Contemporary architecture is expected to be photogenic, but rarely do photographers make a comparative analysis of what’s before the lens. ‘Side by Side’ features Robin Hill’s photographs of Philip Johnson’s Glass House and Mies van der Rohe’s Farnsworth House, two of the most talismanic modern houses of the 20th century. Both comprising single-storey glass structures, each displays a very specific relationship with the landscape. Johnson’s house owed much to his relationship and admiration for Mies – the two men had worked closely together ever since the German had been at the Bauhaus in the 1930s. Johnson’s chutzpah and canny aesthetic instincts essentially made him the primary importer of modernism into America, a skill he later parlayed into a career creating corporate HQs, ping-ponging between styles.
Superficially, the Glass House appears to be a copy of Edith Farnsworth’s famous (and famously problematic) dwelling, even though the former was built first. Typically, Johnson played the connection for all it was worth, ultimately concluding in interviews that he had taken van der Rohe's rigorous ‘anti-nature’ and Americanised it into a ‘house in the field’. Certainly, the two structures epitomise the great break in modernist ideology, a split between rigour and romanticism that has to some extent shaped the interpretation of ‘high’ modernism ever since.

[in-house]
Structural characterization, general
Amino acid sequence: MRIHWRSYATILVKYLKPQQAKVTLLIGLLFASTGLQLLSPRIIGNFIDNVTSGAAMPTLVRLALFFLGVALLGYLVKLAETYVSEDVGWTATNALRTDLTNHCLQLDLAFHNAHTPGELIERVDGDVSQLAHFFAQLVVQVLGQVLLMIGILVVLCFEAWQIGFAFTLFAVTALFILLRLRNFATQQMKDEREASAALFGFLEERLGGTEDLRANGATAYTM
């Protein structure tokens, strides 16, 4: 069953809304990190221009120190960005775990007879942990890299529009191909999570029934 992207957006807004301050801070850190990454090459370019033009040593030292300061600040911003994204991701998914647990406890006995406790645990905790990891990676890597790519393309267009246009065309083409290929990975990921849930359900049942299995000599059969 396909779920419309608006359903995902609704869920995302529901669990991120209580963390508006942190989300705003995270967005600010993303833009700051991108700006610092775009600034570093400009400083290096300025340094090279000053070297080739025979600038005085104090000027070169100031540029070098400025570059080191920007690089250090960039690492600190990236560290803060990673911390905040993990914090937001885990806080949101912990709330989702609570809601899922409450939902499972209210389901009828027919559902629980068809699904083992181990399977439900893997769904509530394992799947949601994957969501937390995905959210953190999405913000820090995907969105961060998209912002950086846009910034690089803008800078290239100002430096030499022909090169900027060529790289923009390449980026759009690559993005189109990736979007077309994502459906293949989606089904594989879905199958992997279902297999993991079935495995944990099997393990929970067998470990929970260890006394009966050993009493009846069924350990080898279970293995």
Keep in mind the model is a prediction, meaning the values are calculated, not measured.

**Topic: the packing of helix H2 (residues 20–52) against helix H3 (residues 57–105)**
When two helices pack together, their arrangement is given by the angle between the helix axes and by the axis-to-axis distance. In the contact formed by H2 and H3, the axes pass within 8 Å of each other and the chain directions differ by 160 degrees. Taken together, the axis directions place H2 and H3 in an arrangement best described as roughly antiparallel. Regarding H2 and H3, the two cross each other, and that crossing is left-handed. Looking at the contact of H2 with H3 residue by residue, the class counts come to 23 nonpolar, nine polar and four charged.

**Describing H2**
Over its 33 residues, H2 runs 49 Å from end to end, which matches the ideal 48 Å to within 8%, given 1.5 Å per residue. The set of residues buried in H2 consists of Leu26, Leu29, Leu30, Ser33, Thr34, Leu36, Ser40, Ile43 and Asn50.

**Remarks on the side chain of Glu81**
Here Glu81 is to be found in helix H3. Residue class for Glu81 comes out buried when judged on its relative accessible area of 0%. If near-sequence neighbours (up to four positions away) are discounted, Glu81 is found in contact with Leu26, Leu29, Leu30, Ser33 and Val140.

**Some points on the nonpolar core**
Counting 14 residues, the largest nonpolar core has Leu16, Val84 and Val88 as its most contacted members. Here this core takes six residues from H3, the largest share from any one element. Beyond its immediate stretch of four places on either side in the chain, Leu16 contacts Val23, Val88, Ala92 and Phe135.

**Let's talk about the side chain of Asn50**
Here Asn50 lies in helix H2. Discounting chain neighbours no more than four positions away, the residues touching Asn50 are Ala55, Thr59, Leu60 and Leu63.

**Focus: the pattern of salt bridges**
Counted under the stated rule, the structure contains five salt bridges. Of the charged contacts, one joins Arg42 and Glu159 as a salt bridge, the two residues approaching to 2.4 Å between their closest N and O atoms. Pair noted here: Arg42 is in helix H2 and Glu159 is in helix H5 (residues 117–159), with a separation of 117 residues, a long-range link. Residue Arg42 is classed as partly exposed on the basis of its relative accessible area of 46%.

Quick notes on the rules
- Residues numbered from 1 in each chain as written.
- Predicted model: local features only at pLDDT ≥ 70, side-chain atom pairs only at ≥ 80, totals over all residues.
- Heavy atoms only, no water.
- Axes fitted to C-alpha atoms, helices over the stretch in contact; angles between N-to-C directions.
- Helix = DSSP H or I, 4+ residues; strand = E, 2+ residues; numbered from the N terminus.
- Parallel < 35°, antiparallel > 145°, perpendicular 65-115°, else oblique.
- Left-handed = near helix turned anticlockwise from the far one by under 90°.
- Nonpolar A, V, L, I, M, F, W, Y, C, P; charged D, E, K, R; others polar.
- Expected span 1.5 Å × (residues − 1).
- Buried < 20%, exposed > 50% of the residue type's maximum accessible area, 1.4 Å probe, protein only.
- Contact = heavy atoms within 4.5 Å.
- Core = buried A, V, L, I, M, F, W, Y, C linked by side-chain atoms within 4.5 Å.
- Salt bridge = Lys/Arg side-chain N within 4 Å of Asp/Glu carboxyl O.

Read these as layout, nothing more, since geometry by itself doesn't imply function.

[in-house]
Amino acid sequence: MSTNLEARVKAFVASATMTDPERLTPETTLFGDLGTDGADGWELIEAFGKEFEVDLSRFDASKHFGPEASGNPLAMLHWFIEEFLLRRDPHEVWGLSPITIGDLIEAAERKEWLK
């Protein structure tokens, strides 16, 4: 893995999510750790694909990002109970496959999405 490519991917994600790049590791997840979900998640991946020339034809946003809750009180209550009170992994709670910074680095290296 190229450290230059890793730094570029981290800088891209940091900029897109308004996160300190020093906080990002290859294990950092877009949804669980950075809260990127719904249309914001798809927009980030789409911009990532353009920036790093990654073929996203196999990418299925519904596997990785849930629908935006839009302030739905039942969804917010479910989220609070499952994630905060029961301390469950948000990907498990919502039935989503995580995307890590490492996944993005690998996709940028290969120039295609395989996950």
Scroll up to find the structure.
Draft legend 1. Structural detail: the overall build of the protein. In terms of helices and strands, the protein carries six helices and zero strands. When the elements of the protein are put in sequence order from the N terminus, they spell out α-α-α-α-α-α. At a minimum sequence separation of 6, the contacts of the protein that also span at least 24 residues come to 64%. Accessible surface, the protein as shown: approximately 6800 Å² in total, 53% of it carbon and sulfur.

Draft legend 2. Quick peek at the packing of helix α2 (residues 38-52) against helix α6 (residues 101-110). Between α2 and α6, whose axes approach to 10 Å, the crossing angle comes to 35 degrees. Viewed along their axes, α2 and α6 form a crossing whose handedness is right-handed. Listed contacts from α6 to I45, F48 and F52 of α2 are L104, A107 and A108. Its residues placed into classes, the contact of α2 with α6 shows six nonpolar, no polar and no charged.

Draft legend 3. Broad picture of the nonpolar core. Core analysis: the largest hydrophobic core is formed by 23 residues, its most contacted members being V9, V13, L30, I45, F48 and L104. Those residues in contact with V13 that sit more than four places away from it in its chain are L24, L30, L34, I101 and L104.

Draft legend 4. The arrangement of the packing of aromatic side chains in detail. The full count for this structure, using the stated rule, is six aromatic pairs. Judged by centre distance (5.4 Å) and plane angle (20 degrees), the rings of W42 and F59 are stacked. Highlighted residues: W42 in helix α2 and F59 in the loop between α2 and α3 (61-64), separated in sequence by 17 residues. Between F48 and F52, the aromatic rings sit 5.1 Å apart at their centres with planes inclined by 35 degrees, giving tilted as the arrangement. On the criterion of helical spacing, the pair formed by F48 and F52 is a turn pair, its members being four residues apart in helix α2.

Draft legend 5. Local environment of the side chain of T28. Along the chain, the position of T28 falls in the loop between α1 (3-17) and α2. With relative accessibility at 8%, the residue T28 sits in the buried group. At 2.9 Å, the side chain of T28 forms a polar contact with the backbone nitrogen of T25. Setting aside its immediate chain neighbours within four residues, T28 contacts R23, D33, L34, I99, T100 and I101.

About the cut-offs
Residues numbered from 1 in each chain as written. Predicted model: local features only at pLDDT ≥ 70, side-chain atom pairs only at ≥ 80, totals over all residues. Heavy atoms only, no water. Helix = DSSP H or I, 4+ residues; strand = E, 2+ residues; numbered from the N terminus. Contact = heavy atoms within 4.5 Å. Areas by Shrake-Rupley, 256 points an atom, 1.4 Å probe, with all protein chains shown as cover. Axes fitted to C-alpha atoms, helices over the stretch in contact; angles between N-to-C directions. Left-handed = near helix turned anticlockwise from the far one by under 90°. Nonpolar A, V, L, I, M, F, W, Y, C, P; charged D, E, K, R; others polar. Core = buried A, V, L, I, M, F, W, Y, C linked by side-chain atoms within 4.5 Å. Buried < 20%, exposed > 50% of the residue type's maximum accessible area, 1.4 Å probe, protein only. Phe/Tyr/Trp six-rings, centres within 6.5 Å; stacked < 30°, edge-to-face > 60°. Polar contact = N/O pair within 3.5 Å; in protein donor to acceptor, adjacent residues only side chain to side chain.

Tellingly, 'Side by Side: Philip Johnson's Glass House and Mies van der Rohe's Farnsworth House' is on display at New York’s Four Seasons Restaurant. Housed within the Seagram Building on Park Avenue (although entered from 52nd Street), the Four Seasons opened in 1959 and became an instant destination. Fusing fine cuisine with Johnson’s elaborate designs and specially commissioned art, the interior was reputed, at the time, to cost a cool $5m. Cited by the city’s Landmarks Preservation Committee in 1989, it has been in the loving care of Alex von Bidder and Julian Niccolini since 1995. A proposal to alter the space was rejected by the commission last month, following campaigns led by the venerable Phyllis Lambert, who had overseen the original commission for the building. It was Lambert who advised her father Edgar Bronfman, owner of the Seagram Corporation, to pair Johnson with van der Rohe. Yet despite this Manhattan original receiving the legal protection it deserves, von Bidder and Niccolini look unlikely to keep their lease beyond July 2016. Watch this space, and hopefully enjoy design, food and art in the process.